Learn English – Are there similar expressions to the Japanese saying “I want to die on a tatami mat”


Today most people die in a hospital bed, though many would prefer to die in their own home being watched over by their loving family.

We have an old saying, “to die on a tatami mat”, meaning to die peacefully in one’s own home — as opposed to dying miserably and bedridden in a hospital while being distressed by the presence of tubes supplying oxygen and nutrients as if one was trussed up with some sort of monstrous spaghetti.

For reference, tatami is a floor mat made of woven rush which you may find in most Japanese houses. (The size of a room is quantified in terms of the number of tatamis, e.g. a 6-tatami room or a 12-tatami room.)

“To die on a tatami mat” originally meant “to end a peaceful life” without being subjected to such perils as war, fighting, fires, earthquakes, tsunamis and typhoons as are rife in this country. By extension, we call a reckless person “a fellow who is unable to die on a tatami mat.”

I associate “aging in place”, a term which I understand is current these days, with “dying on a tatami mat.” But the connotation is not the same.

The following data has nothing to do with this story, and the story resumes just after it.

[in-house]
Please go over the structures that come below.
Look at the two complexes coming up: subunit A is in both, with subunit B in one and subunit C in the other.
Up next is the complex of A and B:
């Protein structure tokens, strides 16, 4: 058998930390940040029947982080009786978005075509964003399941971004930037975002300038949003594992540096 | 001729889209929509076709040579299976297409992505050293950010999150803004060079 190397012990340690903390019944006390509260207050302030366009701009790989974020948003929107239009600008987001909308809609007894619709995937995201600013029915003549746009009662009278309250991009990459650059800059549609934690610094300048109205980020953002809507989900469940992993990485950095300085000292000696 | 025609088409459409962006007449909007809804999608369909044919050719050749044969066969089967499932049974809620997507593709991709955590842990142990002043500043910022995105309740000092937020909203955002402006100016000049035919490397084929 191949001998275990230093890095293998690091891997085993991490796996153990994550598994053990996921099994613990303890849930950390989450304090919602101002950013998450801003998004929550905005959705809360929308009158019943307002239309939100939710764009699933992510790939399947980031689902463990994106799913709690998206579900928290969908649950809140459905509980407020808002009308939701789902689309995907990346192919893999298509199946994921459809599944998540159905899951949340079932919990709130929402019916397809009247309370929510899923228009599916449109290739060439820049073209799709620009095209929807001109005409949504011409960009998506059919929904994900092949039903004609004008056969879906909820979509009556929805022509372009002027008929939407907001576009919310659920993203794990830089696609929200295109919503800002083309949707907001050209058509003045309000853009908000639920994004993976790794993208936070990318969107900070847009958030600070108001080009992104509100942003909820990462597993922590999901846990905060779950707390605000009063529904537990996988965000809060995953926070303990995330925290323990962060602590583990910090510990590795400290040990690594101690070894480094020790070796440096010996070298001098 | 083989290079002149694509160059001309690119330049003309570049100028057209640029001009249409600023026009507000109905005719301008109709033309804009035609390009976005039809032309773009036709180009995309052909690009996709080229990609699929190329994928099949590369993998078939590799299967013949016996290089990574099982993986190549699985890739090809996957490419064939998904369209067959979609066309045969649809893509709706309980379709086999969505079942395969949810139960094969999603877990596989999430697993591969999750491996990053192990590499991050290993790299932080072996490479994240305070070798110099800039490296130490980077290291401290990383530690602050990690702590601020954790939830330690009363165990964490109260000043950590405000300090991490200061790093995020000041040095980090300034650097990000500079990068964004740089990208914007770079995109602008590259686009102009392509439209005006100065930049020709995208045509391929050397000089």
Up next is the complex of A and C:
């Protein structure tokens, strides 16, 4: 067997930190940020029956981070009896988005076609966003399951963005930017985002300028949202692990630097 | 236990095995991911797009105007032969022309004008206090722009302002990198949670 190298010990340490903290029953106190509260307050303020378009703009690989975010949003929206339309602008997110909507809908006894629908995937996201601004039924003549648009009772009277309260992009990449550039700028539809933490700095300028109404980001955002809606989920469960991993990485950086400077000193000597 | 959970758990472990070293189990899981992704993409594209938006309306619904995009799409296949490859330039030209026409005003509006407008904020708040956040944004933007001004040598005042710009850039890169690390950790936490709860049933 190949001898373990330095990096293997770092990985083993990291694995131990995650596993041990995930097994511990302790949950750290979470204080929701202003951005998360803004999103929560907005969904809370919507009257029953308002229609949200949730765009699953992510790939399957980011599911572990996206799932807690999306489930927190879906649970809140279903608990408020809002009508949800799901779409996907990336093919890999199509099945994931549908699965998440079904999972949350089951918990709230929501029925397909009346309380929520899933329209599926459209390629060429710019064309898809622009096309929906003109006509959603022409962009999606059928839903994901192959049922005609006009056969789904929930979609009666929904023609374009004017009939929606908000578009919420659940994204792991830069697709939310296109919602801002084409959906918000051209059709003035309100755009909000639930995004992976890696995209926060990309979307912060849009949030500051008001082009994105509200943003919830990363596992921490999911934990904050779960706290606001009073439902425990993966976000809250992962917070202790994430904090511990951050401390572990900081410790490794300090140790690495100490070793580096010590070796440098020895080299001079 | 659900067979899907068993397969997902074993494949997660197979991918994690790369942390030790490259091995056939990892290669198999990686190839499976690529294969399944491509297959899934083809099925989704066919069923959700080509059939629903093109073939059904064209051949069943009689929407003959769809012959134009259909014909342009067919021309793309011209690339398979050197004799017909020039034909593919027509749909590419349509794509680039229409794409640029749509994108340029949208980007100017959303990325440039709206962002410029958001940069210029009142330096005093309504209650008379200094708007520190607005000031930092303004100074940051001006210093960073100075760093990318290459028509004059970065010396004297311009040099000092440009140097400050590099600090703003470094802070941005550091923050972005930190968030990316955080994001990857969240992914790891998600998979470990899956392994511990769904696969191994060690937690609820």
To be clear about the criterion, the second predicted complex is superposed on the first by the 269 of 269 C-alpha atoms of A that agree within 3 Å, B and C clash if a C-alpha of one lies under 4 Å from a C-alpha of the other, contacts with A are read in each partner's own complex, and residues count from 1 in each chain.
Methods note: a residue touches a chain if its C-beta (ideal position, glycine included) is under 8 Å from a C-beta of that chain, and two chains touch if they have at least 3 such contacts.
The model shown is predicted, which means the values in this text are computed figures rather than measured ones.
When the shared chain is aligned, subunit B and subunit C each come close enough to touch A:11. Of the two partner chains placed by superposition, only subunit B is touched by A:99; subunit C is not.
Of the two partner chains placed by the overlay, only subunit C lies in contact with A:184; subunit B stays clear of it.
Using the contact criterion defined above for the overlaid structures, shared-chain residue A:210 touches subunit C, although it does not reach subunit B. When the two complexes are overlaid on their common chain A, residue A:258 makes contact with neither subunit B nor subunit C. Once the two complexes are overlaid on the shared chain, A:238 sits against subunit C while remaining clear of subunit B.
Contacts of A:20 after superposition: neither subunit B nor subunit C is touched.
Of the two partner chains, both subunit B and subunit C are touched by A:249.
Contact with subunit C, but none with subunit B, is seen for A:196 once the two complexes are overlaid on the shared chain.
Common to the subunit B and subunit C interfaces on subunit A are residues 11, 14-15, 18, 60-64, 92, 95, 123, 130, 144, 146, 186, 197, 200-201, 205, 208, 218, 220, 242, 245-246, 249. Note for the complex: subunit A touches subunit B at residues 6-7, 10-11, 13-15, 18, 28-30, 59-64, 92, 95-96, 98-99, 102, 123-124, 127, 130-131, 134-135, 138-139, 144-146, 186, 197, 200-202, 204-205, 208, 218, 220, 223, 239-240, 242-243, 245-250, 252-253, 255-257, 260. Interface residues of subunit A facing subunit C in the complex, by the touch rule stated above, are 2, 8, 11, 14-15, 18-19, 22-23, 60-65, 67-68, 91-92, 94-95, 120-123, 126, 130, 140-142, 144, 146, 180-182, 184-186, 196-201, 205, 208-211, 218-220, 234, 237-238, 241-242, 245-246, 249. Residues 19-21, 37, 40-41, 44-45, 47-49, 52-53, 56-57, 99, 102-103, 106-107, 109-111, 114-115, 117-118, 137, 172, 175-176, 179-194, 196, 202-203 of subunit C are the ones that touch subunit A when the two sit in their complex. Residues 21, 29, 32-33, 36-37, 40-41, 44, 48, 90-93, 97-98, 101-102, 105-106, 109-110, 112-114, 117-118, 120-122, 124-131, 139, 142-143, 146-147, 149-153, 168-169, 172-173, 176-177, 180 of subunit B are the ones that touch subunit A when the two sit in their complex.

Are there any English-language expressions that are similar to the Japanese saying “I want to die on a tatami mat”?

Best Answer

Different cultures are often difficult to map to each other, but the most likely equivalent is die in my own bed.

Agosto, I want to die in my own bed, in my own house.

Succession, Joyce Carlow

“I am doing nothing wrong. We are not breaking the law,” she said. “What alternative do I have? The other methods, to my knowledge, are either illegal or I would need to go to [the Dignitas clinic in] Switzerland, and I want to die in my own bed.”

Guardian 19 October 2014, quoting Jean Davies who committed suicide by starvation.

I saw you could live and furnish with grace
Even a lion's den, if you've no other place.
I don't even mind to die alone, to be dead,
But I want to die in My own bed.

I want to die in my own bed, Yehuda Amichai, translated from the Hebrew by Barbara and Benjamin Harshav